Tuesday, January 29, 2008

Montessori Peace Education: Mohandas Gandhi History and Activity

NAMC Montessori Peace Education: Mohandas Gandhi History and Activity Statue
For my series on peacemakers, I've chosen to look at the life of Mohandas Gandhi, a name often synonymous with the term “peacemaker”. Gandhi was born in 1869, and was the son of the prime minister of Porbandar, a coastal city in the Indian state of Gujaret. Gandhi is best known for leading India to independence from British rule by using mass non-violent civil disobedience.

Gandhi encountered racism, prejudice and discrimination against Indians in both South Africa and in India. It was in South Africa where Gandhi had his first success in uniting the Indian people against those who discriminated against them. He called upon and challenged his fellow Indians to defy authority through non-violent protest rather than by using violence.

Read on for inspiring information, as well as a class discussion topic and classroom activity idea.

Montessori Peace Education: Mohandas Gandhi History and Activity

When Gandhi returned to India in 1915, he rallied the nation with his methods of satyagrah, or devotion to the truth. He spoke of and modeled non-violent non-cooperation and peaceful resistance. He organized workers to clean-up villages, and build schools and hospitals. He helped farmers regain control over their farms. He led the nation in the boycotting of foreign-made goods that were impoverishing and starving the Indian workers. He organized a protest against a salt-tax which concluded with thousands of Indians marching 248 miles (400 km) to the sea. For his efforts, Gandhi was arrested and imprisoned several times for his non-cooperation efforts and many attempts were made on his life.

Gandhi focused on obtaining complete individual, spiritual, and political independence for India, and urged the Indian people to boycott British institutions such as schools and courts. He called for a complete separation from Britain and a return to Indian rule. When civil war threatened to break out, Gandhi went on a “fast-unto-death” hunger strike asking for the violence to end.

Gandhi was assassinated on January 30, 1948. Though nominated five times for the Nobel Peace Prize, it was never awarded to him due to the fact he was not a true politician or humanitarian relief worker.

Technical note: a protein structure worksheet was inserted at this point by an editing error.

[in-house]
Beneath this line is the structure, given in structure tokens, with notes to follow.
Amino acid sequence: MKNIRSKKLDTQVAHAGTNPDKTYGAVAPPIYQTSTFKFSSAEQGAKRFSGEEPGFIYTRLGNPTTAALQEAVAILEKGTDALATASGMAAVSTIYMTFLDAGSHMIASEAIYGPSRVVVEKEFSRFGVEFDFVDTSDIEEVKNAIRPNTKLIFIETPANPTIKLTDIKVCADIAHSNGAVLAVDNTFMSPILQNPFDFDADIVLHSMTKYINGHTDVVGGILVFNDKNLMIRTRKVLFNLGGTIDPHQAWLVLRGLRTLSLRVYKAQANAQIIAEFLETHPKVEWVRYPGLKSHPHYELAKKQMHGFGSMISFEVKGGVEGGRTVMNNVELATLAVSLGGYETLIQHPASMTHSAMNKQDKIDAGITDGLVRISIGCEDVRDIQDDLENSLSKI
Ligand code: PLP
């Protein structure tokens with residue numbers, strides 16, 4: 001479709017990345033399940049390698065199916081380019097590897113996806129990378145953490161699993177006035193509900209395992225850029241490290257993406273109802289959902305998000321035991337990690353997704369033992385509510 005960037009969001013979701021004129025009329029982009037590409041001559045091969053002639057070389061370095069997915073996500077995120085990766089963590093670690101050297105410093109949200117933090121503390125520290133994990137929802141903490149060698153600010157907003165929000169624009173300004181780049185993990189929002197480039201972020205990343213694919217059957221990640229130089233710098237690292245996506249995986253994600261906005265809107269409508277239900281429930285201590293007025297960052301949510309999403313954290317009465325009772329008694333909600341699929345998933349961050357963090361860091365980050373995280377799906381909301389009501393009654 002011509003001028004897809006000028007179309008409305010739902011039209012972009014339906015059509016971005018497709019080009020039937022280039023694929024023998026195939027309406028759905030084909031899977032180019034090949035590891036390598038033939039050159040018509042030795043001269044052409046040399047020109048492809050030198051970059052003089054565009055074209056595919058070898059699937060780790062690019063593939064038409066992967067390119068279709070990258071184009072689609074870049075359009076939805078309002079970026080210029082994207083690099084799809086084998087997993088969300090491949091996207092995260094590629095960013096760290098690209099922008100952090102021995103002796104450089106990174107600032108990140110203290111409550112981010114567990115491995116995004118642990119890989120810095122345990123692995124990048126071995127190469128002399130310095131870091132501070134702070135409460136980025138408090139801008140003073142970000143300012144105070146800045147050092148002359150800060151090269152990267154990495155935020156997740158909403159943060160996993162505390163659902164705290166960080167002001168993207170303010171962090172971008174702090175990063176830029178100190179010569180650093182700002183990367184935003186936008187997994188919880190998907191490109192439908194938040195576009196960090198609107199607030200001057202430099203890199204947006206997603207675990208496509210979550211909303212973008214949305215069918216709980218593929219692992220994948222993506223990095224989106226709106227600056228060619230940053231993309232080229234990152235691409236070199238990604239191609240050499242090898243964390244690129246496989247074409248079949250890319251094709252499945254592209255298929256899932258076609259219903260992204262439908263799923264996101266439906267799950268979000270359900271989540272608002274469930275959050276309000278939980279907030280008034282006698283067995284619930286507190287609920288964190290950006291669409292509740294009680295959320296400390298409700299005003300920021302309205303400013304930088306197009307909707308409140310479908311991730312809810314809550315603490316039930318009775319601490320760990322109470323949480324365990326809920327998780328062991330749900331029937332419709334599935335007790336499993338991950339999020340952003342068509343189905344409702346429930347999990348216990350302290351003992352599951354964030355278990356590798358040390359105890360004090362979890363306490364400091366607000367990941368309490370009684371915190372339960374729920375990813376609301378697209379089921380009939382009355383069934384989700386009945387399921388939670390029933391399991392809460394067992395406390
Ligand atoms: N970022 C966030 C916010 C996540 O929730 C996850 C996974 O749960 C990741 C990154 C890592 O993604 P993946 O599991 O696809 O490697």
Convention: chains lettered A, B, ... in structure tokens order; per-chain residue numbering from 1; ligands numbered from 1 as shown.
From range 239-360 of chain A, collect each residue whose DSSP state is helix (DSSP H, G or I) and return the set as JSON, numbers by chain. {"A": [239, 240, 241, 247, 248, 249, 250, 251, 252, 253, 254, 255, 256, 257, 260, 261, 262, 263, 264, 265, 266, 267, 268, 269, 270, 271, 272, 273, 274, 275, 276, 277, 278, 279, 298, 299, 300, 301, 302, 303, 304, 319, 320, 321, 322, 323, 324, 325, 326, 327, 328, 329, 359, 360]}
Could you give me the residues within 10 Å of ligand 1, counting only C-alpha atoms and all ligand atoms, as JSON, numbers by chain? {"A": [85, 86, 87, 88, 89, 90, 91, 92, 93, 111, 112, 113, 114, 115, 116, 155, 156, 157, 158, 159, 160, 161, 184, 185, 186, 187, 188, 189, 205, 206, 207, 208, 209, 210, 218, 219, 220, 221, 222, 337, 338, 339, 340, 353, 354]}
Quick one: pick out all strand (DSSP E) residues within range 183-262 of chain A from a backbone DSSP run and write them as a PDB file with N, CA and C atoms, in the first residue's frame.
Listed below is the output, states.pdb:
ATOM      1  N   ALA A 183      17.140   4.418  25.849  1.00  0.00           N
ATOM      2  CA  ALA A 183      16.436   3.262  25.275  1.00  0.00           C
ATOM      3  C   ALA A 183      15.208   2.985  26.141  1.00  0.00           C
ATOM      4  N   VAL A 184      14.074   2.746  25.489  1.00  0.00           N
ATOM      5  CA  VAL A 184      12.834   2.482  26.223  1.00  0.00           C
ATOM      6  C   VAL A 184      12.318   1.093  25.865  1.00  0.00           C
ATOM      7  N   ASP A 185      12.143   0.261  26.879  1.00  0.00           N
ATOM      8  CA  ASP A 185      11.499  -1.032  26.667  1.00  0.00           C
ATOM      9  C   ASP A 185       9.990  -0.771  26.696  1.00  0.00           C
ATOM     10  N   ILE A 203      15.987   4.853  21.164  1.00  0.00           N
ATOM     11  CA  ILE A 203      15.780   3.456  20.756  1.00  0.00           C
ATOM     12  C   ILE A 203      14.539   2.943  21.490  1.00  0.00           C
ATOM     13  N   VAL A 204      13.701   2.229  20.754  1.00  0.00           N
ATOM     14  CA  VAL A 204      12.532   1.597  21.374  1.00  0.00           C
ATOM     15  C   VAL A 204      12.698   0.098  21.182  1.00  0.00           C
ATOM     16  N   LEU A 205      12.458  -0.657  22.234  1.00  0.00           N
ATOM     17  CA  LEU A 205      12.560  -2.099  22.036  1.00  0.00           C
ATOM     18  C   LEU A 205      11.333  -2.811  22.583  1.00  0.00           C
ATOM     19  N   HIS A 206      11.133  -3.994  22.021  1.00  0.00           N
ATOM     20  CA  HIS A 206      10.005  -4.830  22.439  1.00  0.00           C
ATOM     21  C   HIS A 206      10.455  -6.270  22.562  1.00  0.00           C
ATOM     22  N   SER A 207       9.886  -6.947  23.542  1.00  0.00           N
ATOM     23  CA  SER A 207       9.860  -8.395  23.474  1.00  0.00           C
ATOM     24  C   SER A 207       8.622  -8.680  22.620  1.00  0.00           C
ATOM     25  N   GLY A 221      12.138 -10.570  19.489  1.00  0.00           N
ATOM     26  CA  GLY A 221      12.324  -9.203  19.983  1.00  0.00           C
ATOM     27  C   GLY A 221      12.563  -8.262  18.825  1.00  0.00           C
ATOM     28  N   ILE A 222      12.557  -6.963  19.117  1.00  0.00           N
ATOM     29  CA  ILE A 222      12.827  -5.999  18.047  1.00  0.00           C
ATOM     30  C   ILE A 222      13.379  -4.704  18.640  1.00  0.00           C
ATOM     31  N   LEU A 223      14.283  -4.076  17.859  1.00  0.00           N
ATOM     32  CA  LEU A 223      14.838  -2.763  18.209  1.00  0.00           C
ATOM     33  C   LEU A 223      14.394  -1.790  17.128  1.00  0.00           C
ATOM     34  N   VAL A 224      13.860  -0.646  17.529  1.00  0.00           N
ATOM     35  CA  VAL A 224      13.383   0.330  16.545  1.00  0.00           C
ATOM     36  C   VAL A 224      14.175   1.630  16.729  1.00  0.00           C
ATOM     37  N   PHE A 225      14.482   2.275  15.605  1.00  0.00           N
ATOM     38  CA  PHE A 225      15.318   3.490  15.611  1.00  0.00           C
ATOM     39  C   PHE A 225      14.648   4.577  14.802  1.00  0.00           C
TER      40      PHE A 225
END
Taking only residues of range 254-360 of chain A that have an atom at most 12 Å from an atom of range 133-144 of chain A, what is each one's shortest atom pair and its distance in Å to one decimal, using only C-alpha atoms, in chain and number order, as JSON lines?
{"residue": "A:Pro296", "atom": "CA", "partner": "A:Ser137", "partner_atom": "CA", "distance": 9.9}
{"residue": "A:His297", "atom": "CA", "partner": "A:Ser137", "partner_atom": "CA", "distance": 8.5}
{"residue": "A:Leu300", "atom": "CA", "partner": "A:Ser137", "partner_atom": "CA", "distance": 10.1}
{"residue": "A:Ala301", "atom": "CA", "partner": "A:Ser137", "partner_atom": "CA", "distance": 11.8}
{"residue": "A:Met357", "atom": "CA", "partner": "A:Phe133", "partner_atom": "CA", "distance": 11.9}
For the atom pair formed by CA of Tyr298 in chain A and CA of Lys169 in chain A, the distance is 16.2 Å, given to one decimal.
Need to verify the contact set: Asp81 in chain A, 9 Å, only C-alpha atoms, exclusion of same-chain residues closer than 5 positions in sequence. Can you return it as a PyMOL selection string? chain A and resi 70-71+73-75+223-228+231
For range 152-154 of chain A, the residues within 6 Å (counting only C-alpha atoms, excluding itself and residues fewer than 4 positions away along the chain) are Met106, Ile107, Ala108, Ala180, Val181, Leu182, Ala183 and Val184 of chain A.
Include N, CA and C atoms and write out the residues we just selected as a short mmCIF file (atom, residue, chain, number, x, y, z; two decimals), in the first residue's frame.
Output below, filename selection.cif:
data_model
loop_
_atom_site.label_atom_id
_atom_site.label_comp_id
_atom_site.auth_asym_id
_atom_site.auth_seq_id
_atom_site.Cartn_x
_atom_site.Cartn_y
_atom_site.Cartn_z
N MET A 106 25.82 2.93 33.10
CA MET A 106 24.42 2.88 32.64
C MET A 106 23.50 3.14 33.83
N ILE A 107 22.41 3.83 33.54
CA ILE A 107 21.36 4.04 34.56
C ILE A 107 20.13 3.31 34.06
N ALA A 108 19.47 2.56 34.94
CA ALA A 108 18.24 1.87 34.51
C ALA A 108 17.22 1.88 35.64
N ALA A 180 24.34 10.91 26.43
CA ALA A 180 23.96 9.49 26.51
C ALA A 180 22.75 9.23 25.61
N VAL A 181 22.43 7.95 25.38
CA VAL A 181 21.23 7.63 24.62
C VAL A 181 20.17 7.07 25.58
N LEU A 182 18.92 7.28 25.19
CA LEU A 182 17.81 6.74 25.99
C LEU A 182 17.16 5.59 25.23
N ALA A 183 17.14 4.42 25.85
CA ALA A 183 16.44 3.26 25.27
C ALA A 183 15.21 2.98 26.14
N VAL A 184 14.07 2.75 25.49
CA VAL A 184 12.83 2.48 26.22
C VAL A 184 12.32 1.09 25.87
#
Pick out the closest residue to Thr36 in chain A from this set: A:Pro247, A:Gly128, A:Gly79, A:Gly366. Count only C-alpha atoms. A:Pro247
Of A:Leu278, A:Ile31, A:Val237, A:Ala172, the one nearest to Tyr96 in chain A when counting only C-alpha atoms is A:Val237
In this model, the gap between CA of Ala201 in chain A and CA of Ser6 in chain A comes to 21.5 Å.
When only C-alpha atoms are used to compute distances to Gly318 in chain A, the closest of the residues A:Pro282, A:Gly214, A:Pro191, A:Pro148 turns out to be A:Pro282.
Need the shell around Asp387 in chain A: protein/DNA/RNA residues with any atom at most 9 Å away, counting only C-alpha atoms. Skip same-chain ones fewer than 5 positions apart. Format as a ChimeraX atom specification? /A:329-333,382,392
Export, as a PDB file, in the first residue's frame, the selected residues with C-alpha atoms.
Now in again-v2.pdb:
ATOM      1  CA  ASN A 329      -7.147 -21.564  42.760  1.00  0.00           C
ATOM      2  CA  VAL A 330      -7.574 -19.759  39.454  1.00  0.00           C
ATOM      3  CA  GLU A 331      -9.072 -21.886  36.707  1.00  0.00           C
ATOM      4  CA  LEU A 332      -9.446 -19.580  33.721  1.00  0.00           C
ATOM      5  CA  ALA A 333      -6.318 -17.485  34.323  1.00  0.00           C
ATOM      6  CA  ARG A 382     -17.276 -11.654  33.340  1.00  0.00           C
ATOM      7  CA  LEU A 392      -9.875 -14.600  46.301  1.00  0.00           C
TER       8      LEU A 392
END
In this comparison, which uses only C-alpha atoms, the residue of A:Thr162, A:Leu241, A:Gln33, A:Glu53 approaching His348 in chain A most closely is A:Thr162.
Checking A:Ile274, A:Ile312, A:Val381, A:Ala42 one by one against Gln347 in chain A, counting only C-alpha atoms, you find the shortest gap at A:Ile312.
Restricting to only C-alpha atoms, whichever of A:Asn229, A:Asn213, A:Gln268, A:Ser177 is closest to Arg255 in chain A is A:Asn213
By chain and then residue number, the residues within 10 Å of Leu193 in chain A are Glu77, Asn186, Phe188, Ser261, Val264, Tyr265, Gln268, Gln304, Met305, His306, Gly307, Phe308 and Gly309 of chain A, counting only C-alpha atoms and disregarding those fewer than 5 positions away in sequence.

The Teachings of Gandhi in the Montessori Classroom
The teachings of Gandhi are easily presented and discussed in the Montessori classroom. In fact, Gandhi and Montessori often saw eye-to-eye, especially when it came to children and education.

Truth – Gandhi’s life was dedicated to the discovery of truth. To achieve this, he believed in learning from his own mistakes, a practice that Montessorians teach their students.

Non-violence – Gandhi envisioned a world at peace, where governments, police, and armies were peaceful and non-violent. He said “Power based on love is a thousand times more effective and permanent than power derived from fear of punishment.” How often do we teach our students how to solve conflicts peacefully? We ourselves model peace in all that we do. Gandhi would have loved to see a peace corner or peace rose in every classroom!

Simplicity – Gandhi renounced foreign made goods and wove his own cloth. He encouraged all Indians to do the same. He spent one day a week in silence and meditation. He embraced a simple lifestyle and believed it would lead to spiritual and practical purity. Our classrooms are much the same way. The simplistic beauty of our materials and classrooms lend themselves to a more spiritual environment. It is through this purity that children can find the peace within themselves to learn and to concentrate.

Gandhi on Education
  • The function of Nayee-Talim [New Education] is not to teach an occupation, but through it to develop the whole man.
  • By education I mean an all-round drawing out of the best in the child and man-body, mind and spirit
  • Experience gained in two schools under my control has taught me that punishment does not purify, if anything, it hardens children.
  • The law of love could be best understood and learned through little children.
  • The greatest lessons in life, if we would but stoop and humble ourselves, we should learn not from the grown-up learned men, but from the so-called ignorant children.

Classroom Discussions and Activities
For younger students, begin by sharing a large picture of Gandhi with your classroom. Ask the students to share what they know about him. You may prompt younger students by asking:
  • Do you know who this is?
  • How would you describe him?
  • How would you describe his clothing?
  • What part of the world might he come from?
  • How does this picture make you feel?

Older student can make a timeline of Gandhi’s life.
Discuss the quote by Gandhi: “An eye for an eye makes the whole world blind”.

For more on our Peace Series:
As much as possible, NAMC’s web blog reflects the Montessori curriculum as provided in its teacher training programs. We realize and respect that Montessori schools are unique and may vary their schedules and offerings in accordance with the needs of their individual communities. We hope that our readers will find our articles useful and inspiring as a contribution to the global Montessori community.
© North American Montessori Center - originally posted in its entirety at Montessori Teacher Training on Tuesday, January 29, 2008.


  1. great simply communicated info. is info like this included teacher training materials?

  2. Thank you. More information on Peace Education may be found in the Lower Elementary Five Great Lessons/Cosmic Education/Peace manual. There will also be continuing blogs on peacemakers around the world.


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